Triathlon: The challenge of the underfunded athlete

By Ben Guild

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Courteney Lowe, left, and Anneke Jenkins chill out at Mount Maunganui's Main Beach. Photo/John Borren
Courteney Lowe, left, and Anneke Jenkins chill out at Mount Maunganui's Main Beach. Photo/John Borren

It has become the familiar dance of the sports writer - interviewing a talented young athlete who needs funding but who is bashful about asking to thank sponsors or appeal for more.

Likely, it has always been this way in a country that spits out world class athletes quicker than it does the mechanisms to fund them.

After all, there is only so much pokies money to go around, and, if you believe the ghost stories about some of those arrangements, the cash doesn't necessarily always make it all the way round.

So it was that an otherwise charming chat with Anneke Jenkins turned a touch uncomfortable at Main Beach on Friday morning, as the rising young triathlete somewhat reluctantly broached the topic of dollars and cents.

"Courteney Lowe and I are working together to try to get sponsorship as a team," said Jenkins.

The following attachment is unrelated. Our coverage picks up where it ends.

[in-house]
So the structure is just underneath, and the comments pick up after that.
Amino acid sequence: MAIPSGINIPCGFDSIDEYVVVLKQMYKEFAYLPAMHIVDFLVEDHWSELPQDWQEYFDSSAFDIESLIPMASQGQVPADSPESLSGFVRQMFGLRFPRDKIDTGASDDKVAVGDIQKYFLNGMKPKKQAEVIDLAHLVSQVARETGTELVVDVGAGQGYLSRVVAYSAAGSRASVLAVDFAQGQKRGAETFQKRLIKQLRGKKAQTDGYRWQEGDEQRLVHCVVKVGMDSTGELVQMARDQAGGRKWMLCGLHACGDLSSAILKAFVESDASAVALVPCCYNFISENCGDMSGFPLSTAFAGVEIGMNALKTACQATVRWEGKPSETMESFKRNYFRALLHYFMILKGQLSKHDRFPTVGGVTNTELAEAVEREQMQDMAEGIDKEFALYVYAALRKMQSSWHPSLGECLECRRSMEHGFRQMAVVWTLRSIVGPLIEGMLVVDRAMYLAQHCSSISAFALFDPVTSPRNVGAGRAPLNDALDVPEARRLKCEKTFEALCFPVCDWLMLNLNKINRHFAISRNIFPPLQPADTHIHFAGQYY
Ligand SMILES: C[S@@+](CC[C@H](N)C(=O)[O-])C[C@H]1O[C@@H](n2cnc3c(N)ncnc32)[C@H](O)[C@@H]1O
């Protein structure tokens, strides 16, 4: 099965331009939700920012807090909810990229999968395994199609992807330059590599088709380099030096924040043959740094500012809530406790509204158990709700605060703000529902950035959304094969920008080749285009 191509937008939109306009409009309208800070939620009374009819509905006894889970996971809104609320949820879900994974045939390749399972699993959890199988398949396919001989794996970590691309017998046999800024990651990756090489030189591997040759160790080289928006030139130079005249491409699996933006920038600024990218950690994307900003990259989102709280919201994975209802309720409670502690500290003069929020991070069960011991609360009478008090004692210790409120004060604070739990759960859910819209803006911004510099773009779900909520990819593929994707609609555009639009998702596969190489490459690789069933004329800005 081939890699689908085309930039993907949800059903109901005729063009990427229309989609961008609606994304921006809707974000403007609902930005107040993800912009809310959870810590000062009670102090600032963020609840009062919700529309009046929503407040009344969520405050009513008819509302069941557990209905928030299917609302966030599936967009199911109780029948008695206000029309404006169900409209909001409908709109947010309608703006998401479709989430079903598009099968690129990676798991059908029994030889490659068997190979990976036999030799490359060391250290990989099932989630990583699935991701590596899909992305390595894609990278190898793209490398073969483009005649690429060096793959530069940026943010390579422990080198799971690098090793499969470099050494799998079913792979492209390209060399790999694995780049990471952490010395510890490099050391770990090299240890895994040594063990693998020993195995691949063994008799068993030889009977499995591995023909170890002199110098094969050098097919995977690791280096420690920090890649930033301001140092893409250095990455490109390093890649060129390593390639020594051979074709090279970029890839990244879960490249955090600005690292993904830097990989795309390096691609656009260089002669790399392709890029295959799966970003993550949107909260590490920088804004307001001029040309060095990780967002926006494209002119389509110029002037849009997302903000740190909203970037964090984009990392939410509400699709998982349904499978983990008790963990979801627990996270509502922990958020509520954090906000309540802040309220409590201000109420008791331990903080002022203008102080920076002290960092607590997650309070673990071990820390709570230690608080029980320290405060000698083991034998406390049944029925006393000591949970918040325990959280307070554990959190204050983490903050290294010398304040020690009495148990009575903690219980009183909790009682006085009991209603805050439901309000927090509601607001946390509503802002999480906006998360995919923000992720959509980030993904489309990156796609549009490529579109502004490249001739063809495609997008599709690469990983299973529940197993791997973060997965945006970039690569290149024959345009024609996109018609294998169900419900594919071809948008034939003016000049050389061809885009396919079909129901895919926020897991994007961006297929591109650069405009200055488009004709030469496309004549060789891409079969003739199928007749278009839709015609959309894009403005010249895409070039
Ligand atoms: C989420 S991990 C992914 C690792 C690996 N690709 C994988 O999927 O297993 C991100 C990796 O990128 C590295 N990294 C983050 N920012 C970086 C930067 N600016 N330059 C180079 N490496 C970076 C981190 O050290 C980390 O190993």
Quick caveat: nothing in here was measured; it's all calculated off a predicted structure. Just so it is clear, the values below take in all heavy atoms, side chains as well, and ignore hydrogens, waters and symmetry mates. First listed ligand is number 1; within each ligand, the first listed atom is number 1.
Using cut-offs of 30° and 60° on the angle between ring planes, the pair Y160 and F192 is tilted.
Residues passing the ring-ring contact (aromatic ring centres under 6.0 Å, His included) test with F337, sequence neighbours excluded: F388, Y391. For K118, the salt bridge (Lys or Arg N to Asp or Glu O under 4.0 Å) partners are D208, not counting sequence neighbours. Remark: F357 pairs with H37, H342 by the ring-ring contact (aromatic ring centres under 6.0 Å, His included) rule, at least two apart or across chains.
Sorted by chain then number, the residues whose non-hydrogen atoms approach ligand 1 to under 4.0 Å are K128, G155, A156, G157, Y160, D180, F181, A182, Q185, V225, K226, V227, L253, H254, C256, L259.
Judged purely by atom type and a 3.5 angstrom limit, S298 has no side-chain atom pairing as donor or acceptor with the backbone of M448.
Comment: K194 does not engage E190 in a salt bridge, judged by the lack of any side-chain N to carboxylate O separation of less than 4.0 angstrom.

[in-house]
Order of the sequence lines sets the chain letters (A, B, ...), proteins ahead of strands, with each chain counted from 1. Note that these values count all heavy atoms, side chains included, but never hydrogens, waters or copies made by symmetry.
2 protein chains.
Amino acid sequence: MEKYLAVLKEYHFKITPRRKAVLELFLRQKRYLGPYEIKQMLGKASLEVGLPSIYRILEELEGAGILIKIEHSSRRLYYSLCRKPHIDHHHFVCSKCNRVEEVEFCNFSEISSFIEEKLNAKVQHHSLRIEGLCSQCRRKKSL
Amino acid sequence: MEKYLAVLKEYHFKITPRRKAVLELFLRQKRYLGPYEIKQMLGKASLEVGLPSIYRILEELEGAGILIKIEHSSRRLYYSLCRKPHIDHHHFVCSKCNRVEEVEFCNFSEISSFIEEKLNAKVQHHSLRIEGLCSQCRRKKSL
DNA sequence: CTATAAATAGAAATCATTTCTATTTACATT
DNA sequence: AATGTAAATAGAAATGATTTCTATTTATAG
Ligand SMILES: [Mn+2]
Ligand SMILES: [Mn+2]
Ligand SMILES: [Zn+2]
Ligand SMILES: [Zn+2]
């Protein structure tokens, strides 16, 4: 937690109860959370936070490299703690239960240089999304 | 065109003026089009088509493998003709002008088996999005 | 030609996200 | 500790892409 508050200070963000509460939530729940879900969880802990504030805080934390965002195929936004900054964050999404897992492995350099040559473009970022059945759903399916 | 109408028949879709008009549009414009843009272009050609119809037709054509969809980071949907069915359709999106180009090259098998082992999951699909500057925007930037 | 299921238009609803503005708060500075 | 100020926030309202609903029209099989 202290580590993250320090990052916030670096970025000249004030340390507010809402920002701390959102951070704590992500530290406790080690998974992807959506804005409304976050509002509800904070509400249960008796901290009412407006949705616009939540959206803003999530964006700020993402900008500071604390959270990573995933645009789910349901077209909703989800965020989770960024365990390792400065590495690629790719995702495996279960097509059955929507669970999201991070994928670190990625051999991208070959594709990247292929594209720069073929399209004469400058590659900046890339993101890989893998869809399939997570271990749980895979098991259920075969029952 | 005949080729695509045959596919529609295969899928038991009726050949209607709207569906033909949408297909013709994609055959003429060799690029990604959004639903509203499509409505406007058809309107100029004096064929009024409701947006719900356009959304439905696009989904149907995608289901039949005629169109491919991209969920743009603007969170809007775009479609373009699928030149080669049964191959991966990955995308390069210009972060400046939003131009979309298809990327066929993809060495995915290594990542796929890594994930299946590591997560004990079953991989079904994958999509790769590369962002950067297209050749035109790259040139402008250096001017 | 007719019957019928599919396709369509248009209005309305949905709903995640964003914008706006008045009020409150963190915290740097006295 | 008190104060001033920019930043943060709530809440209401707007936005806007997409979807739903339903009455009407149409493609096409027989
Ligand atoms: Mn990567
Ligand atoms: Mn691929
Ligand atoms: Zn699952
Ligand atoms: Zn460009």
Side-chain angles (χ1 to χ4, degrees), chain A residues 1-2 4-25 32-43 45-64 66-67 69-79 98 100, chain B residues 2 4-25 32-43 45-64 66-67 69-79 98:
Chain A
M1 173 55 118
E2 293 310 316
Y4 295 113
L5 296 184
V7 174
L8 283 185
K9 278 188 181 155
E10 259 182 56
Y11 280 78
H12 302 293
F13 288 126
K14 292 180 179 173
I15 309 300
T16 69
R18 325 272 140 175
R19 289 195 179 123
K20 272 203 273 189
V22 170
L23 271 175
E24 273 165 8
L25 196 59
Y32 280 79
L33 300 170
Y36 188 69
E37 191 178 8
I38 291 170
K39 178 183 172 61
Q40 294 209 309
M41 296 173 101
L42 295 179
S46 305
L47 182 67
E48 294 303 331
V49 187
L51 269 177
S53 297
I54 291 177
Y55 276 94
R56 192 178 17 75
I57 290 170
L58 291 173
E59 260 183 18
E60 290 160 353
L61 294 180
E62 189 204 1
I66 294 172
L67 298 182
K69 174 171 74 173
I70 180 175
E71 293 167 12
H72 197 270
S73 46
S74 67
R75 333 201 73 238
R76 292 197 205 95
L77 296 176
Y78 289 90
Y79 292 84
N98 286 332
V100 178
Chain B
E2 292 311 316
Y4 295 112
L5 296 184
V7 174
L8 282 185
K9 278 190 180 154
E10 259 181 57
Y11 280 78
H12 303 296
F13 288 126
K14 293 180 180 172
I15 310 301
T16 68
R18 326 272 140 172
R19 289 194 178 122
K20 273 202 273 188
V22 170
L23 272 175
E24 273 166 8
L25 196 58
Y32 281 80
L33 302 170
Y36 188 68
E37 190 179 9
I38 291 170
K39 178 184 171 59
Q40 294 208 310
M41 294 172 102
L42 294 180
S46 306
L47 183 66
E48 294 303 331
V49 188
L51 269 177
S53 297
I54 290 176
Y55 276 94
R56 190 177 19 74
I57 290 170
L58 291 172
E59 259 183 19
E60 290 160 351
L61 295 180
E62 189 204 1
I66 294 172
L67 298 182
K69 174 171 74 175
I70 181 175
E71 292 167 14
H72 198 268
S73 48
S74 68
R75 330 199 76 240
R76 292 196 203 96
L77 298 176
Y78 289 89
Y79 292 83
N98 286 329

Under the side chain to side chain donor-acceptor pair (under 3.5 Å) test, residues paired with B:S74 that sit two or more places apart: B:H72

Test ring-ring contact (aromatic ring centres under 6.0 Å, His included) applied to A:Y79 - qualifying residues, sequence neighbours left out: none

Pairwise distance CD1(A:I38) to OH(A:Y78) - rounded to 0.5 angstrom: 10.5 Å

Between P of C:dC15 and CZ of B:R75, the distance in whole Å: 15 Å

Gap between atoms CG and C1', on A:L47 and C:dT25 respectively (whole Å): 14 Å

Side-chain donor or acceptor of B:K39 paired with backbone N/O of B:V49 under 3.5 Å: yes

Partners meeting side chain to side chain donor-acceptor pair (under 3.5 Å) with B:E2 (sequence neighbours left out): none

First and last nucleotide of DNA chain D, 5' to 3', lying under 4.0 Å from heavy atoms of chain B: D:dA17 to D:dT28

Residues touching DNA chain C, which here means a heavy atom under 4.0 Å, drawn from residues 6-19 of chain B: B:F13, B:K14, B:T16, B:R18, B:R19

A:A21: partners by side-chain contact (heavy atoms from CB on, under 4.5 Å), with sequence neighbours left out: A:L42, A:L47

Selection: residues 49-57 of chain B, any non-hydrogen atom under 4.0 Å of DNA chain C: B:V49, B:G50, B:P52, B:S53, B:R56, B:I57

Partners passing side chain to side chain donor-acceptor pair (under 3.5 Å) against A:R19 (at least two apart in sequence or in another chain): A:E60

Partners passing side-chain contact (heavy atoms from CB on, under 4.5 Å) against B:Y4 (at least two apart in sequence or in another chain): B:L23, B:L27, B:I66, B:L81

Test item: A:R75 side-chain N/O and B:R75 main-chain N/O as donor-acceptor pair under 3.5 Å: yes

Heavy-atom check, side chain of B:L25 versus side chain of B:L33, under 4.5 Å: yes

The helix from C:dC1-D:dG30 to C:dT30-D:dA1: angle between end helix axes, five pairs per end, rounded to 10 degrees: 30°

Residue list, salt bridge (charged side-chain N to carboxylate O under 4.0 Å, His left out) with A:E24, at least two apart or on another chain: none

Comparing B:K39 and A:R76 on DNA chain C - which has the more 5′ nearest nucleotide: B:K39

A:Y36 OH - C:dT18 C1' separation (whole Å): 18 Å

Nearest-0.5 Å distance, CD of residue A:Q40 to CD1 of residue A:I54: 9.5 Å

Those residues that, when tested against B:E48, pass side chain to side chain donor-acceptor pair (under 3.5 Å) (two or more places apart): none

"Can we make it about that?"

When told it could be interesting to examine the economics of an essentially amateur athlete with professional aspirations, Jenkins made her pitch.

"Courteney and I are good friends, we both went to Otumoetai College, I was swimming and she was cycling, our sport connection was what led to the friendship but we also share a number of interests such as yoga, organic food, baking and we are both driven to get to the top in our sports and we help each other along the way.

"We're both aiming for Olympic gold and to go as far as we can. We are both from Tauranga and we'd love to support a local business and work as a partnership internationally.

"She trains in America and races for a team over there and I'll be in San Diego and in France. We'll be racing all round the world and it will all be televised all over the world, so the results always come back to New Zealand and the Bay.

"We are looking for anyone who can help us really."

It is not until you ask some of these athletes who has supported them that you understand how much support they need - and get.

Red Bike Mount Maunganui made a contribution, SHARE Insurance helped with damaged or lost equipment and Seconi came to the party with plenty of running shoes.

AC/DC drummer Phil Rudd, too, did more than his fair share.

"He bought my bike and helped with my flights to Europe. He owns the restaurant, Phil's Place, and I could not have done it without him."

- Bay of Plenty Times

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